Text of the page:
Visna virus is a nontransforming retrovirus that causes slow infections in animals and a rapidly progressive-lytic infection in cell culture. The results of an analysis of the synthesis of viral DNA in cell culture are reported. Region- and strand-specific probes cloned in M13 have been used to define the dynamics of DNA synthesis and the major nucleic acid species formed. It is shown that (i) within the first hours of infection, a full-length copy of the viral RNA genome is synthesized by reverse transcription, (ii) early in infection a major species of DNA is formed that extends from a site near the center of the molecule to the 3′ end, (iii) somewhat later a second major species of plus-strand DNA is generated that extends from the 5′ end to the middle of the genome. As a consequence, most viral DNA molecules consist of a full-length minus strand, and two plus strands separated by a gap or nick in the center of the molecule (J. D. Harris, J. V. Scott, B. Traynor, M. Brahic, L. Stowring, P. Ventura, A. T. Haase, and R. Peluso (1981). Virology, 113, 573-583). The implications of this viral DNA structure for one unusual aspect of the lentivirus life cycle, the production of viral RNA, and virions from extrachromosomal DNA are discussed (J. D. Harris, H. Blum, J. Scott, B. Traynor, P. Ventura, and A. T. Haase (1984). Proc. Natl. Acad. Sci. USA, 81, 7212-7215).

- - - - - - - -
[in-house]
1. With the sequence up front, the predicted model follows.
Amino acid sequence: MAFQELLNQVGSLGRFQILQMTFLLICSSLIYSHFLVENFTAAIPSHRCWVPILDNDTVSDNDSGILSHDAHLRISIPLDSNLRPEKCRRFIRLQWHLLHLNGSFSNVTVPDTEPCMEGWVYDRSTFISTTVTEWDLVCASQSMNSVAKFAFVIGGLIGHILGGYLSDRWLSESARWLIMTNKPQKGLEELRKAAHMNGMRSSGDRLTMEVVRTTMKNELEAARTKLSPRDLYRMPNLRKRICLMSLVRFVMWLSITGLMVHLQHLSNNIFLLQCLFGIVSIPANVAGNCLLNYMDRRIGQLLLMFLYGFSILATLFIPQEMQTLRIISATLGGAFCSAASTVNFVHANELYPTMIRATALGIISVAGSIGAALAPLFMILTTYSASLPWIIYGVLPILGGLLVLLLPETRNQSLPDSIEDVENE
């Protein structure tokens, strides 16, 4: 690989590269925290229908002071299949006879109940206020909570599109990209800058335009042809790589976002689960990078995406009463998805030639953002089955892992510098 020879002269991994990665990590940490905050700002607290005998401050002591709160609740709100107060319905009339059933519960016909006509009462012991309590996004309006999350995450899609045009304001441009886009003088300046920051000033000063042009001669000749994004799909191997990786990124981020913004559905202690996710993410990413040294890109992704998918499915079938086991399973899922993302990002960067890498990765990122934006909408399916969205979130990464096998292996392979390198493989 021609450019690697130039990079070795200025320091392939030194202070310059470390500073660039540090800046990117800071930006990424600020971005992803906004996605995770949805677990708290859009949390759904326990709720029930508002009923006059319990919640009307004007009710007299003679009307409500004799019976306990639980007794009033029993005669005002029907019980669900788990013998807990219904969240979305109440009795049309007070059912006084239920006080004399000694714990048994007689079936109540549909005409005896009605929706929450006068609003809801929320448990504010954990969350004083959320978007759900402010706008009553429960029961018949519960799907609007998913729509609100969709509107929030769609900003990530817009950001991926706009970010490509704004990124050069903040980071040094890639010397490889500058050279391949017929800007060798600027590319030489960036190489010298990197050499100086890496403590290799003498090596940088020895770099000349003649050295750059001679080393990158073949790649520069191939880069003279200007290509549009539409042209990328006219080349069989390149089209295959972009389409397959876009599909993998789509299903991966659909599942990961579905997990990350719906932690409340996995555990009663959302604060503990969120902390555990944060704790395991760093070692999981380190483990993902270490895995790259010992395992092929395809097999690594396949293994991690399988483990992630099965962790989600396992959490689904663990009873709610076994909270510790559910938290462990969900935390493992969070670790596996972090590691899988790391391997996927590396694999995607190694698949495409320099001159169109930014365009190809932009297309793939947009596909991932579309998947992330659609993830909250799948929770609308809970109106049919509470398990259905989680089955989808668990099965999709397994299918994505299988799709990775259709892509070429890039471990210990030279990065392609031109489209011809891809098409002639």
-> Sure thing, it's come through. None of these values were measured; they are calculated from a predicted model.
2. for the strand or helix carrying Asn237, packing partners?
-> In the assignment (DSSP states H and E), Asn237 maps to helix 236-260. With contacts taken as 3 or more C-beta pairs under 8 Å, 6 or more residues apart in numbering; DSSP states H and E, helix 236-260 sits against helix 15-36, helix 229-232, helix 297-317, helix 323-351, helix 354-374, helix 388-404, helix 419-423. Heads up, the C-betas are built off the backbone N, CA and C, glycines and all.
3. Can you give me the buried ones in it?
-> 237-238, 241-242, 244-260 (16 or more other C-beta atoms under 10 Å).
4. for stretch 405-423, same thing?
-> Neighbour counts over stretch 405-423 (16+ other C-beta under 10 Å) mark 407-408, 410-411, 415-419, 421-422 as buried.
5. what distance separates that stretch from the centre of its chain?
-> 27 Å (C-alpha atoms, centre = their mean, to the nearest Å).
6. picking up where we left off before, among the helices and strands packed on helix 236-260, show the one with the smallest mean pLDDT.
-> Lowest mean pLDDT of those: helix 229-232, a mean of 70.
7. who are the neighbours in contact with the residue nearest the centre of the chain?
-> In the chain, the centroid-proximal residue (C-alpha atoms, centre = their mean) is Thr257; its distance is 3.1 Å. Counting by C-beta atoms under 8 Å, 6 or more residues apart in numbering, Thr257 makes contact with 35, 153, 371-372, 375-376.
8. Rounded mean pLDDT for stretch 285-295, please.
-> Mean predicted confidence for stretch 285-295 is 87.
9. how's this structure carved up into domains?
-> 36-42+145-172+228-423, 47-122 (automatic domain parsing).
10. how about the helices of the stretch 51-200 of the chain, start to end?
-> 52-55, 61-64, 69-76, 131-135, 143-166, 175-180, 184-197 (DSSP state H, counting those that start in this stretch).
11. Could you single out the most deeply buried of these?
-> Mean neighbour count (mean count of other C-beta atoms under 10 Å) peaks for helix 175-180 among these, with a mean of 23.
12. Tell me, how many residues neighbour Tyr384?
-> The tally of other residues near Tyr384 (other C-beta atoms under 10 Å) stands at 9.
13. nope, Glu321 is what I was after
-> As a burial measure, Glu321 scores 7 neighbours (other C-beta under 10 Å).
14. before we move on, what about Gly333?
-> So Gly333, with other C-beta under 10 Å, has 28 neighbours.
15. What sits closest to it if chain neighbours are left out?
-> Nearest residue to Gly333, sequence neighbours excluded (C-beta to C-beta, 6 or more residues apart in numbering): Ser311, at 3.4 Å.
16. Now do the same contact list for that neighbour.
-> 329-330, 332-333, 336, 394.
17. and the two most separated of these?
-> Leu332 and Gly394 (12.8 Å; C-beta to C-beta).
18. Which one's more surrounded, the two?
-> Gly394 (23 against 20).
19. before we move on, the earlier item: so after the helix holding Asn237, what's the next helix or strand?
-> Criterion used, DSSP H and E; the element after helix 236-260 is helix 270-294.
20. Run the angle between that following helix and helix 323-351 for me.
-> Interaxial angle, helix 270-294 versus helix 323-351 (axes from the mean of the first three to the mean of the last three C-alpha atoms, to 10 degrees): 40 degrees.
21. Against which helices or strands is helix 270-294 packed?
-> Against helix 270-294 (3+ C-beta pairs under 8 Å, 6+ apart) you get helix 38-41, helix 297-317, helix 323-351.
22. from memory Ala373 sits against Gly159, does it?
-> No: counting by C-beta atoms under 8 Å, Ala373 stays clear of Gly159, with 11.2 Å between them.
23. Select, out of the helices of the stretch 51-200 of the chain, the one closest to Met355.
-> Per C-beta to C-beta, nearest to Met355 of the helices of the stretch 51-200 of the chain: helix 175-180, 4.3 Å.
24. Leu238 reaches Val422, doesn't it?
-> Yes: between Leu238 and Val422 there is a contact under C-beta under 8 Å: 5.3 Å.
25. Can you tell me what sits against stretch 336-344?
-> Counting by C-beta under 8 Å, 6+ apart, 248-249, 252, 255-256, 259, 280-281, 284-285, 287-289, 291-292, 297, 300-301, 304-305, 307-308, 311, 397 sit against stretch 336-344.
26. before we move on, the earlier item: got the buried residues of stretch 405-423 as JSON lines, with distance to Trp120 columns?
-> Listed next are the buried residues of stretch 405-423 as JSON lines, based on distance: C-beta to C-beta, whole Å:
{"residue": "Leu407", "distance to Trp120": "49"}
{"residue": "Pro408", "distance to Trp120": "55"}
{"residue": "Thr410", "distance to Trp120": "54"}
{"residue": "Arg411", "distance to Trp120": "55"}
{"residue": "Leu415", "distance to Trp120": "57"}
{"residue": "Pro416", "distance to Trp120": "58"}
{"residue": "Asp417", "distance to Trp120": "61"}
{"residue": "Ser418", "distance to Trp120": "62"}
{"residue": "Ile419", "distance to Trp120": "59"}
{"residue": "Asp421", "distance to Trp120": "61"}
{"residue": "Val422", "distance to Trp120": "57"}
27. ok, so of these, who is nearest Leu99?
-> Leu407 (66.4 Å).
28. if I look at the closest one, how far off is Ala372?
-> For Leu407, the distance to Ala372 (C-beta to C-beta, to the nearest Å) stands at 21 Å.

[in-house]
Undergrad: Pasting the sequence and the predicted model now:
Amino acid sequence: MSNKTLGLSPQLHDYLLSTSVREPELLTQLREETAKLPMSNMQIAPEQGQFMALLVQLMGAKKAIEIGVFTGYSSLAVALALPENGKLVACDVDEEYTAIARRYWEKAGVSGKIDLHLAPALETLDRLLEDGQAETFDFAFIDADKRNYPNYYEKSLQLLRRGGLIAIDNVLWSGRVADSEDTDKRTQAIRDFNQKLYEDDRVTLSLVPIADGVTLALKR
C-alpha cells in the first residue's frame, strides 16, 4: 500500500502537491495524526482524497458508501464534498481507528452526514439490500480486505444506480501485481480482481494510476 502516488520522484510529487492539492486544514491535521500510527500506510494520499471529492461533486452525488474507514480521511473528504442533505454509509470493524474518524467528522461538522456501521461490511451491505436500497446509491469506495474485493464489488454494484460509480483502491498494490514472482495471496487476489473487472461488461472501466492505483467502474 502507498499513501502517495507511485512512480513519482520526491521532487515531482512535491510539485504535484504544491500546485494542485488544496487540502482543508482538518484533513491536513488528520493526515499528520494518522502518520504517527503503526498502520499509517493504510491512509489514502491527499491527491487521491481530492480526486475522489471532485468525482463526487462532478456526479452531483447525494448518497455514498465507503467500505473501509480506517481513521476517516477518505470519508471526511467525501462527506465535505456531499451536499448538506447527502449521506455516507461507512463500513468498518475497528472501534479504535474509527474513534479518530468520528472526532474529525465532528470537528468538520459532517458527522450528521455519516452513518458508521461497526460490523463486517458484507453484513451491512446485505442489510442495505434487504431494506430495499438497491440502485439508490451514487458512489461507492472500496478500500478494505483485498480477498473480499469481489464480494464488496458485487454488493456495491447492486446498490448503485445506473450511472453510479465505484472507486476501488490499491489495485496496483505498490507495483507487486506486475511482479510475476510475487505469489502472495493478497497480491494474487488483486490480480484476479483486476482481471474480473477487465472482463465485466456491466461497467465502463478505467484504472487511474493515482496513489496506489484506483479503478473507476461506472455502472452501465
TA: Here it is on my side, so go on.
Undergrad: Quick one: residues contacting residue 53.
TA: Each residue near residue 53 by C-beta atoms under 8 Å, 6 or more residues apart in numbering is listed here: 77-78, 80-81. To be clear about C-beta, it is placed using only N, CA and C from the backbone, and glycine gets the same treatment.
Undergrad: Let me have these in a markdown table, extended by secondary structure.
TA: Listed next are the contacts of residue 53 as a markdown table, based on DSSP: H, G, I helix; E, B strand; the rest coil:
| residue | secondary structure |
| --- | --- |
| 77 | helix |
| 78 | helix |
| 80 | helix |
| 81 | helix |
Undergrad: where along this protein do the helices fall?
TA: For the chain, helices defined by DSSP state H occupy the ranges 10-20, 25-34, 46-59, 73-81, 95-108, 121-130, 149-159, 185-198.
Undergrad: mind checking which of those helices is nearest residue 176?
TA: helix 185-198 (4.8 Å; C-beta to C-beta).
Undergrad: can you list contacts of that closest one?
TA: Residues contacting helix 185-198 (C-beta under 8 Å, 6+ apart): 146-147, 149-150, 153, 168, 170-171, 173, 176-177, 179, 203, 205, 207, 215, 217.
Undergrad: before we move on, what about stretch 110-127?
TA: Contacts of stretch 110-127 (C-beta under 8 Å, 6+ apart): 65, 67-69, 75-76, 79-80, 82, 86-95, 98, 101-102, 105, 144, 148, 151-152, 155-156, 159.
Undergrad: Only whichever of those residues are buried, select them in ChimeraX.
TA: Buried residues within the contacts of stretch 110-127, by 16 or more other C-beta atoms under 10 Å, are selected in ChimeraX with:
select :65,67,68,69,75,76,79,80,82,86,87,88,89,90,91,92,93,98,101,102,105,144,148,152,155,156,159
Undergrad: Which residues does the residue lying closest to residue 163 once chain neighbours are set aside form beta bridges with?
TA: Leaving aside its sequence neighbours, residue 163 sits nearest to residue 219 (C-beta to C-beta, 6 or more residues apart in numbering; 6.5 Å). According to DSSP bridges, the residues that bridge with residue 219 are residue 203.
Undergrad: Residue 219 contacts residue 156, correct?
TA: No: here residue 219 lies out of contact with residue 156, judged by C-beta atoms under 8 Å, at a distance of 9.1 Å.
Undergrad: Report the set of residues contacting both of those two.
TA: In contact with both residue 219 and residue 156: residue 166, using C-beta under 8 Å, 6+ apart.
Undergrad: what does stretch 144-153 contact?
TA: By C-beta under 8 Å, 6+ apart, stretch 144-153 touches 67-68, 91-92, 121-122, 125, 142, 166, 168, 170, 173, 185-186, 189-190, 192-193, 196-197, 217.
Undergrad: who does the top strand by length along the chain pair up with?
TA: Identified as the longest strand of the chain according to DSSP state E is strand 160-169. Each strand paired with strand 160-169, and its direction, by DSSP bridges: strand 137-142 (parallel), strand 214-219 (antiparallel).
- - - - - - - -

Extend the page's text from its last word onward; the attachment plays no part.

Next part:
Bibliographical noteFunding Information:
Much of this work was completed at the VAMC in San Francisco and was supported by basic institutional mechanisms of the Veterans Administration. We also acknowledge grant support from the NIH, National Multiple Schlerosis Society, and American Cancer Society. We thank Linda Livermore and Jan Torma for preparation of the manuscript. Ashley T. Haase was a Medical Investigator of the Veterans Administration in the course of this work. Hubert E. Blum is a Heisenberg fellow of the Deutsche Fo~hungsgemeins~haft.